Smog certainly made an impression on Andrew Bird, who covers 'Cold Blooded Old Times' at the end of his set as a tribute to his hero. Andrew Bird shouldn't be brilliant but he is. His voice is worryingly post-Jeff Buckley, he whistles too often (the preserve of paedophiles) and when he sings he looks a lot like David Blunkett. And yet, and yet, AND YET Andrew Bird is wistful, intelligent and prodigiously gifted. His Mysterious Production of Eggs album is still his best, but the new material, and the addition of band members makes him unmissable the next time he visits your town.

Aside from the aforementioned Simian Mobile Disco, the festival rounds off with something of a whimper, though that could be partly due to cultural contrarietiesand another stinker of a set from Grizzly Bear, so named because they're grizzly and I can't bear them. I'm willing to concede there's something I don't get, but live they're even less engaging than on record, which is background music at best. Preceding them is an antediluvian Mussolini lookalike, who may well be France's answer to Peter Gabriel, but for the uninitiated Dominique A would be easily forgettable were it not for the delirious, bordering-on-religious reception he receives. But no matter, there was definitely enough to enjoy at one of Europe's most esoteric and absorbing three dayers. Until next year La Route La Rock, à bientôt.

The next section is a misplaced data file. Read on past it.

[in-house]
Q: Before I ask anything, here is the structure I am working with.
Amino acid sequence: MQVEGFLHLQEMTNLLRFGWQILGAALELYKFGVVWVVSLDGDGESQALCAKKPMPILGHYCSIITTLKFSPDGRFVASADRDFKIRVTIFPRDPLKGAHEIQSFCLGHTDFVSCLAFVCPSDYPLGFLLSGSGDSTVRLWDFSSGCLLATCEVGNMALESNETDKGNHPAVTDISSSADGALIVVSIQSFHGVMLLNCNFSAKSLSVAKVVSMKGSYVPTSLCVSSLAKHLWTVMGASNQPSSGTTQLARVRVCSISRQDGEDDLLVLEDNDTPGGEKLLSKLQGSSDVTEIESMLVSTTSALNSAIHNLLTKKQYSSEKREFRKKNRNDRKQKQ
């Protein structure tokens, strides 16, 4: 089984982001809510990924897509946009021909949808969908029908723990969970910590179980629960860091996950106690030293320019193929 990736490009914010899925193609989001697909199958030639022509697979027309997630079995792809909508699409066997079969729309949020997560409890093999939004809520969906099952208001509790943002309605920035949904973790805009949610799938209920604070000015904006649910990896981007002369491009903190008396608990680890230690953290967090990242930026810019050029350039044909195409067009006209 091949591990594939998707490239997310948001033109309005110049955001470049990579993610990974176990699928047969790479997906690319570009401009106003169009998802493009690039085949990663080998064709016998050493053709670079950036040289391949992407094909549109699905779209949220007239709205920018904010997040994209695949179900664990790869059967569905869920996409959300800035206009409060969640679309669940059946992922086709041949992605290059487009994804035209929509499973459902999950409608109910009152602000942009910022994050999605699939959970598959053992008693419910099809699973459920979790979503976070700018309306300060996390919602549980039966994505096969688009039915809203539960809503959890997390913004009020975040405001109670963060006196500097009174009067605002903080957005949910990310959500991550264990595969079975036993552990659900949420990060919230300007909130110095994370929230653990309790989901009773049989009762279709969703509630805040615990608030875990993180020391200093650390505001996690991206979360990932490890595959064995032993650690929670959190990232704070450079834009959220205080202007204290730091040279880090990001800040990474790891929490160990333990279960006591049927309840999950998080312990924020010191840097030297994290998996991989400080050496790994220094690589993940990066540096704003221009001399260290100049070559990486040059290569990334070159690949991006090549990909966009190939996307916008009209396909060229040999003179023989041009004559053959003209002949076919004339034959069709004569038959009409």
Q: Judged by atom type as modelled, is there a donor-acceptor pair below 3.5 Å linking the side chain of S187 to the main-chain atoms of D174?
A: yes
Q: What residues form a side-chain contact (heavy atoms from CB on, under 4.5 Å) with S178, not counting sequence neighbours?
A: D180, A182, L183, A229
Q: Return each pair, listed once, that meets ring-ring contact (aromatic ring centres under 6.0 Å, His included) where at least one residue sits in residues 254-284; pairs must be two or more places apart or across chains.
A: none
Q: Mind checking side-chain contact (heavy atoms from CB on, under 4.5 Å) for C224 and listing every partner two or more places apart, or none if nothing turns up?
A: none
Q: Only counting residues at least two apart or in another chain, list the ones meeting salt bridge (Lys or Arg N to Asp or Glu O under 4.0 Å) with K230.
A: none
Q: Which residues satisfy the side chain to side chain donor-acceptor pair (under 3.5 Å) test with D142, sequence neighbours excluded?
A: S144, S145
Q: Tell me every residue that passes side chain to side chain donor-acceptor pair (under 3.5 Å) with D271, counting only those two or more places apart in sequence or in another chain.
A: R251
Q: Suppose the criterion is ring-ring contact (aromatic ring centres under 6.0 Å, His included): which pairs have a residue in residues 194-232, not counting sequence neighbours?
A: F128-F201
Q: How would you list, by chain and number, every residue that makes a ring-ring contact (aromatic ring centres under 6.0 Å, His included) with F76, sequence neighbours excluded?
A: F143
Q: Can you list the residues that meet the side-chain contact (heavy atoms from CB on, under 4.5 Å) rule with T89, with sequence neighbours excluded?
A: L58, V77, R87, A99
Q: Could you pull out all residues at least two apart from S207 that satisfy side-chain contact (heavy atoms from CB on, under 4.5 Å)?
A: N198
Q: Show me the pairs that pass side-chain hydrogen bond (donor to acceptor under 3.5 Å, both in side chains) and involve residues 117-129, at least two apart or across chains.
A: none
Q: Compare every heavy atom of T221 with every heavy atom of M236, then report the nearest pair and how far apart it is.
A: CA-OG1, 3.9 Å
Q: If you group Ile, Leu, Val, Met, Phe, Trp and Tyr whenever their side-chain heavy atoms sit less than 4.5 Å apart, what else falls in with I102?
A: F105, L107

[*Just as the mischievous Mr Allen has neglected to mention that he turned down La Bruni for an interview, Ed]

All pictures courtesy of shot2bits.net

Thanks to Brittany Ferries for piping Jeremy Allen aboard. To find out about their routes and fares to France, visit the Brittany Ferries website.